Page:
The Government’s last hope of avoiding a climbdown had been that Sir Lindsay Hoyle, the Commons Speaker, would refuse to accept the amendment because it was deemed to be “out of scope” by his legal advisers.

In an unusual statement before Prime Minister’s Questions on Wednesday, Sir Lindsay made it plain that he could not select the amendment because it “risks giving rise to uncertainty about the decision the House has taken… and undermining the rule of law”. 

But in a rebuke (see video below), he added: “I am looking to the Government to remedy a situation I regard as completely unsatisfactory. I now look to the Government to rebuild the trust with this House and not treat it with the contempt that they have shown.”

Sir Lindsay’s strongly-worded intervention had done the trick. All that was left was for Mr Hancock to announce the climbdown at the Commons dispatch box just two hours later.

“Today, I can confirm to the House that for significant national measures with effect in the whole of England or UK-wide, we will consult Parliament; wherever possible, we will hold votes before such regulations come into force,” the Health Secretary said. 

MPs and peers would, from now on, get a 90-minute debate and a vote on future national lockdowns.

Sir Graham was the first MP to congratulate Mr Hancock, thanking him for “being prepared to listen and for the constructive conversations that we have had over the last couple of weeks”.

“We are grateful that he and other members of the Government have understood the importance of proper scrutiny in this place and the benefits that that can bring for better government,” he said.

Other Tory MPs were quick to follow suit. Mr Baker told the Commons he was “extremely grateful” for what Mr Hancock “has set out and the manner in which he has done it”.

Mr Harper paid tribute to Sir Lindsay, saying that following his “stern words earlier, the Government has listened and come forward with some measures that have responded appropriately”, and Nusrat Ghani said: “This debate is not only about scrutiny and allowing the House to debate and vote; it is also about giving him [Mr Hancock] the credibility to continue the work he is doing.”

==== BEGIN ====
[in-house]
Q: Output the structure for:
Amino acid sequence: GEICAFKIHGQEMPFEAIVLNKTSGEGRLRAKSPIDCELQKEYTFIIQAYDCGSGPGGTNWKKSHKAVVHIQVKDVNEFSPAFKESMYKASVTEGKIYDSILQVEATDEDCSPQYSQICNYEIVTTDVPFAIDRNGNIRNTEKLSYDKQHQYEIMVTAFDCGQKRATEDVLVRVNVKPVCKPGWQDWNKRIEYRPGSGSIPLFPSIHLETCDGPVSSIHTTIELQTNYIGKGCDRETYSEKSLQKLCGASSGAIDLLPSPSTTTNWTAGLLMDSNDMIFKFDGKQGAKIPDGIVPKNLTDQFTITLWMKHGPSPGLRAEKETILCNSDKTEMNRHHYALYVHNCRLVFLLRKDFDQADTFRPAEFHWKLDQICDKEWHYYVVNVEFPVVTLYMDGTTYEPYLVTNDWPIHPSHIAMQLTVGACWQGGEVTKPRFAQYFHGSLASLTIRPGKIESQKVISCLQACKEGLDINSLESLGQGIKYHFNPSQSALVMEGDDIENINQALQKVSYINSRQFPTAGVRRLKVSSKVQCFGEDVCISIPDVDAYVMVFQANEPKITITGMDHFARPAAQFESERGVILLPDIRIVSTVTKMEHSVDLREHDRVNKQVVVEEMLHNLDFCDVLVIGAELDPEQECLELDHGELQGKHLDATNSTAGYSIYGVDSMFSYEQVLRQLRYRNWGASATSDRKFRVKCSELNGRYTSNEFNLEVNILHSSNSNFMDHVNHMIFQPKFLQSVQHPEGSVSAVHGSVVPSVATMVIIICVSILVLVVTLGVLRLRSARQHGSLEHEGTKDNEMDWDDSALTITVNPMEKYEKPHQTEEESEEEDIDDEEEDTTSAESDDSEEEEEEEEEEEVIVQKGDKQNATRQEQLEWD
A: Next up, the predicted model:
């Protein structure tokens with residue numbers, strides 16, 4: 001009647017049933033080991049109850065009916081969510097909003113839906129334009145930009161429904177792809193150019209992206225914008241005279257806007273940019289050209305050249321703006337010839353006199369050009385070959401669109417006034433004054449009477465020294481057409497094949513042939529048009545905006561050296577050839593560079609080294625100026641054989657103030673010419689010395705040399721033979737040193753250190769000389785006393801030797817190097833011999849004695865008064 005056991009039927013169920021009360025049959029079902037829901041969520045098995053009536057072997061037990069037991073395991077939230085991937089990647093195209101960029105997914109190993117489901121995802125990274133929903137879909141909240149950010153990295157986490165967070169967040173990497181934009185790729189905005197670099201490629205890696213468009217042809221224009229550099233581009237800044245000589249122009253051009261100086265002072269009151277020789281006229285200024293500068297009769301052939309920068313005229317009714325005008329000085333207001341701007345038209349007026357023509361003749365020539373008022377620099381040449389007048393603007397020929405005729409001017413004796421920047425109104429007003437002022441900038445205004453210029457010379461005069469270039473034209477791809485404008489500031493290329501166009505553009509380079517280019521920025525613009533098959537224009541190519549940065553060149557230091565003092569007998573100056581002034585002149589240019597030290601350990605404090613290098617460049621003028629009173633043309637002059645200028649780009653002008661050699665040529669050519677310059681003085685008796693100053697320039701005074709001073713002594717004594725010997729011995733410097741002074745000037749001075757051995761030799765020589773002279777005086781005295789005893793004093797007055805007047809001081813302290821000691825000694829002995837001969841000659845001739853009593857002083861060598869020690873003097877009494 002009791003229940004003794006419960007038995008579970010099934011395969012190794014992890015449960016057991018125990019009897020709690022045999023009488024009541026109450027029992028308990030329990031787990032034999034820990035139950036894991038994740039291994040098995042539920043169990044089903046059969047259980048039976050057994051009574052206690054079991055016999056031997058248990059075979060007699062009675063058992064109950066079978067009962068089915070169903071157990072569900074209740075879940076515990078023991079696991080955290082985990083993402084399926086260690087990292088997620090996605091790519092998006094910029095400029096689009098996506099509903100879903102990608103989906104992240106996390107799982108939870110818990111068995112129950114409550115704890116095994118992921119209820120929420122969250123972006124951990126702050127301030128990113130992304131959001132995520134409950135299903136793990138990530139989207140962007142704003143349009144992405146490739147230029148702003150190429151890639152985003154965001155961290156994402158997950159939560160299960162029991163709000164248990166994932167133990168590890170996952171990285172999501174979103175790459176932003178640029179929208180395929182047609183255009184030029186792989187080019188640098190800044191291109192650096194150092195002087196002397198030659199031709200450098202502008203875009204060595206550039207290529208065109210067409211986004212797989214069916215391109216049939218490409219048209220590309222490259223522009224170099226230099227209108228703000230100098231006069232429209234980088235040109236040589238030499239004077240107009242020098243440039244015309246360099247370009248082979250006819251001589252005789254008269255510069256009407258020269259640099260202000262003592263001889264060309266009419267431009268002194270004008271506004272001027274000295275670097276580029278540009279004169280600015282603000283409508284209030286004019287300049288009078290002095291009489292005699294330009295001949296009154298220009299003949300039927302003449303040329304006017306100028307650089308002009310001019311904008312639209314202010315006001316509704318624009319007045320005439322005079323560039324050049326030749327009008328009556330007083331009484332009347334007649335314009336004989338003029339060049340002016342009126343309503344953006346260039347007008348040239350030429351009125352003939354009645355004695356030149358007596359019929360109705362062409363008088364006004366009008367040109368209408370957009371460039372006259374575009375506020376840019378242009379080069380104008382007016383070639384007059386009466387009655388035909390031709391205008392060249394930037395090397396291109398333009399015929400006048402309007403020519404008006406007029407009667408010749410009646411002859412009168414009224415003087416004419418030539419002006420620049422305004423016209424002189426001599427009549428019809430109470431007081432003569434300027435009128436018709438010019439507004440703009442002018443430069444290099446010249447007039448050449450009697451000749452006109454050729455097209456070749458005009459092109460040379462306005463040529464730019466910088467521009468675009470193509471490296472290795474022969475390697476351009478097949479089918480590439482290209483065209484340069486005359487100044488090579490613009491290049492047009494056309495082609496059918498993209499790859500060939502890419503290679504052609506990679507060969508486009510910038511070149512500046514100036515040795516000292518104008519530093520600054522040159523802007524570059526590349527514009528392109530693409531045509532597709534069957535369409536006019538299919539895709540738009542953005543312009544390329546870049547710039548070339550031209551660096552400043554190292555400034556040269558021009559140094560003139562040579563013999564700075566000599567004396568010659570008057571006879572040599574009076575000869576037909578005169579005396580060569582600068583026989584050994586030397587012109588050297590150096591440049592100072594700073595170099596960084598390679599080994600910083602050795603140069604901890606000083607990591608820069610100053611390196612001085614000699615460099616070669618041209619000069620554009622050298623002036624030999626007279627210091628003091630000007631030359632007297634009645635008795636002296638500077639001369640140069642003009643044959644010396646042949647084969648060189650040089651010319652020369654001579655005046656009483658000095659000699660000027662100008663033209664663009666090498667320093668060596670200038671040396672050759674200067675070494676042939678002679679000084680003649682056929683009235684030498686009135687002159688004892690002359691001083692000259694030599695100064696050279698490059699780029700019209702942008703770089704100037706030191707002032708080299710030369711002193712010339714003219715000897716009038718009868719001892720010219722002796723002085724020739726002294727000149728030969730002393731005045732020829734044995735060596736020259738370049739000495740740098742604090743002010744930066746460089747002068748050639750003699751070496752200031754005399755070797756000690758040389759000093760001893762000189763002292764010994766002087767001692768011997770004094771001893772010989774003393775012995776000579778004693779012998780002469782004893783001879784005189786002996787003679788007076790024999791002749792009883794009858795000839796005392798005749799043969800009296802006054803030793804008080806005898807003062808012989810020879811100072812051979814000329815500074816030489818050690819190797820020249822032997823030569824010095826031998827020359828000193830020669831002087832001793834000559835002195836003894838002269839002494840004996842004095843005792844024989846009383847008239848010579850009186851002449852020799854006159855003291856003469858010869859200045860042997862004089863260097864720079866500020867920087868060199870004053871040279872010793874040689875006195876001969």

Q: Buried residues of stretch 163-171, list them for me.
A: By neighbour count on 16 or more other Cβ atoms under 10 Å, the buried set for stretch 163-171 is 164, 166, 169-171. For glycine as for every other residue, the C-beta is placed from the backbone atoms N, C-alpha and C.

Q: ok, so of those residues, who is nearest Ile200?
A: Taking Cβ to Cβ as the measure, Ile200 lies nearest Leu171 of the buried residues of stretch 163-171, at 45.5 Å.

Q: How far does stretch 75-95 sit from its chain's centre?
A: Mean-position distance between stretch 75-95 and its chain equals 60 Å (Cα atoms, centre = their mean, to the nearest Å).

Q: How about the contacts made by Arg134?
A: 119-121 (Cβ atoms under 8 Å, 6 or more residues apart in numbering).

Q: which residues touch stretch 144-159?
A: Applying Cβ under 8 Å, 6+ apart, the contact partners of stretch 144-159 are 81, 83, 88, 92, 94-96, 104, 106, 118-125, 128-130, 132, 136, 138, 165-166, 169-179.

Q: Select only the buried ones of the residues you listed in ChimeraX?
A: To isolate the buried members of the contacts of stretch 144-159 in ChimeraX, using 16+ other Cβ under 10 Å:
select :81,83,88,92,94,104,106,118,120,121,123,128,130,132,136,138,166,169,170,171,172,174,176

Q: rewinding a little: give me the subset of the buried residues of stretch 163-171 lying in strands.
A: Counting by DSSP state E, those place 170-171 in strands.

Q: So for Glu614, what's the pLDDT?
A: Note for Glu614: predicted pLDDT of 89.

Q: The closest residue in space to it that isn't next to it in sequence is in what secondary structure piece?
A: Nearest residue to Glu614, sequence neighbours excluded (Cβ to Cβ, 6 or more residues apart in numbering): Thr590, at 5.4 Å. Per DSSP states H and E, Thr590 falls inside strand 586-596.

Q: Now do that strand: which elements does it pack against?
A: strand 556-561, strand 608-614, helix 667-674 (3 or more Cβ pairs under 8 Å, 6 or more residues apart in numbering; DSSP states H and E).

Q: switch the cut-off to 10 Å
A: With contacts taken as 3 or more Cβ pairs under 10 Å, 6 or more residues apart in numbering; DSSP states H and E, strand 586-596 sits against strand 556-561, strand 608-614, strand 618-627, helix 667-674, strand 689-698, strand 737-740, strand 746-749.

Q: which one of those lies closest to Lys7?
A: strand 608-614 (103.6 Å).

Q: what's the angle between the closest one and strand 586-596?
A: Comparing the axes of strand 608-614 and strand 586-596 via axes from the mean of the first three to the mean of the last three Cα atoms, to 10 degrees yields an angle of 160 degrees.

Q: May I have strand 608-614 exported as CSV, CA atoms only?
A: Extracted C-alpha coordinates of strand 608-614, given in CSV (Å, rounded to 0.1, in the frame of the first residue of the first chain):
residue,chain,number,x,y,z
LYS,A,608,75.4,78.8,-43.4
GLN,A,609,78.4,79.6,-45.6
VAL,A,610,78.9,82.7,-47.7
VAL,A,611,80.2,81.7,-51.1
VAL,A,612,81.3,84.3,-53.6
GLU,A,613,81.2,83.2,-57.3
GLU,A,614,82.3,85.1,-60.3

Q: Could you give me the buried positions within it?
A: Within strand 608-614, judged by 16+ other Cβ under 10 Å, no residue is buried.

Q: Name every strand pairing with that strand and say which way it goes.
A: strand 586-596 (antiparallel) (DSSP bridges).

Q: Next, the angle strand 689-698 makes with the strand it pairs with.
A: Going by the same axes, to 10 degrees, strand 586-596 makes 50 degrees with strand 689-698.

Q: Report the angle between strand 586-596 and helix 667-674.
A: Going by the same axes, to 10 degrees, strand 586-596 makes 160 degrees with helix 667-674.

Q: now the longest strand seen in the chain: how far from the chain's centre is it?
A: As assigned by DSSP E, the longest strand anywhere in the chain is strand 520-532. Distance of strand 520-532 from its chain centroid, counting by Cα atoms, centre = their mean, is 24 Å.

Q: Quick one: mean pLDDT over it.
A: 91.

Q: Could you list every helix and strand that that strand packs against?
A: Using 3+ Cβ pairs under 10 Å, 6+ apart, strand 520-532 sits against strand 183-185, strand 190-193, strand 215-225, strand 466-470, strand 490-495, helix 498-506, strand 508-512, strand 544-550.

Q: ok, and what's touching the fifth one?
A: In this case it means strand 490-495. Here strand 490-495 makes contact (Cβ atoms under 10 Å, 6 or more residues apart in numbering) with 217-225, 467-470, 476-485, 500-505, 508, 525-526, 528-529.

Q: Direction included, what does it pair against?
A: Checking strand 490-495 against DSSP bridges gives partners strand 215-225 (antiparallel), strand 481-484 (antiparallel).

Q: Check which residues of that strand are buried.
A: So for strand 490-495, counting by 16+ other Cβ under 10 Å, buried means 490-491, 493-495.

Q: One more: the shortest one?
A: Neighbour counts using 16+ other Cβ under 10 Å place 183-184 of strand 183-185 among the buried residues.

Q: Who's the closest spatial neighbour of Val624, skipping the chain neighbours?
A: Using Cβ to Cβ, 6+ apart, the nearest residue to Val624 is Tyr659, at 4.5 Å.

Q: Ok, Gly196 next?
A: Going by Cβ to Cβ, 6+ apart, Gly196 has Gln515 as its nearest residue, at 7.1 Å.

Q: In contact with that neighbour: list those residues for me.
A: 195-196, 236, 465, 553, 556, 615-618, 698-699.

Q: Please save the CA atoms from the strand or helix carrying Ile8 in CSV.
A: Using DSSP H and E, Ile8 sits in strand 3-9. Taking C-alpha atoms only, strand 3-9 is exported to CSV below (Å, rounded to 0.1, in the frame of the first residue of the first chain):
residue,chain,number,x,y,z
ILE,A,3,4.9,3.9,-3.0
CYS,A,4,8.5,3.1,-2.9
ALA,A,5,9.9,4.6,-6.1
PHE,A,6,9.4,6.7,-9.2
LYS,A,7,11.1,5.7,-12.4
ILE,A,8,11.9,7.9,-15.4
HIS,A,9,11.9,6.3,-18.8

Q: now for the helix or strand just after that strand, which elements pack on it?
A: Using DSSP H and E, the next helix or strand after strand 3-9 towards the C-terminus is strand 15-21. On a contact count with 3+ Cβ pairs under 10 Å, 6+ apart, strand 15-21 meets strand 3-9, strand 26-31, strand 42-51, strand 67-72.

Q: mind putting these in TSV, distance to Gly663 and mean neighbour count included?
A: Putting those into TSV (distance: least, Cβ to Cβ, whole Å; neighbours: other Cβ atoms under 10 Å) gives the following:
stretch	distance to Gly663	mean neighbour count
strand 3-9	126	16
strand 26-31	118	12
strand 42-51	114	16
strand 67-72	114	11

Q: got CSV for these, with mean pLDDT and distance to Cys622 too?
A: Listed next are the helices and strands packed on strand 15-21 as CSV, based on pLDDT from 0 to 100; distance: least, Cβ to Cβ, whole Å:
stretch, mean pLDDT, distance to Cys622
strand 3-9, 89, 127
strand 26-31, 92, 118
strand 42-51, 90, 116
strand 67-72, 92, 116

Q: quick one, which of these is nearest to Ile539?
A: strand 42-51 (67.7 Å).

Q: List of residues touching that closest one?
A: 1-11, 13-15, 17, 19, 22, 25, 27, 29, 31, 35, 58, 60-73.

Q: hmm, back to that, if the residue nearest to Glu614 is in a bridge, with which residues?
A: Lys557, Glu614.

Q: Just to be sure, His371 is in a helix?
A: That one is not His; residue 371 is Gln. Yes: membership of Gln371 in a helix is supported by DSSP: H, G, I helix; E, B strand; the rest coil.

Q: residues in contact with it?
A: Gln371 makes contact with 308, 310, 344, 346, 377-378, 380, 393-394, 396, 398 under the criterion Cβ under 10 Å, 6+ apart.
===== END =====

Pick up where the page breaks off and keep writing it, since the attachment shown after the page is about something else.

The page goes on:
Essentially, the Government had accepted the Brady amendment. The only linguistic difference was that MPs would be allowed to vote “wherever possible” rather than “as far as is reasonably practicable”.

Sir Graham told The Telegraph on Wednesday night that greater scrutiny by MPs will lead to better thought-out lockdown laws, describing the effective parliamentary veto over future restrictions as “an important step forward”.

He said: “The Government have now accepted the terms of my amendment and committed to seeking proper parliamentary approval in advance of significant measures being brought forward. Debate and scrutiny and challenging questions will always improve the quality of legislation and will also help to improve the public’s understanding of what measures are introduced and why.”

The question of why it took so long for ministers to agree lingered in Westminster. Sir Graham had his own answer.

“All governments will get away without scrutiny if they can,” he said. “Parliamentary scrutiny is inconvenient – but it is meant to be inconvenient. That is why it is so important that we insisted, and so important that ministers have listened and realised they have to take a different approach.”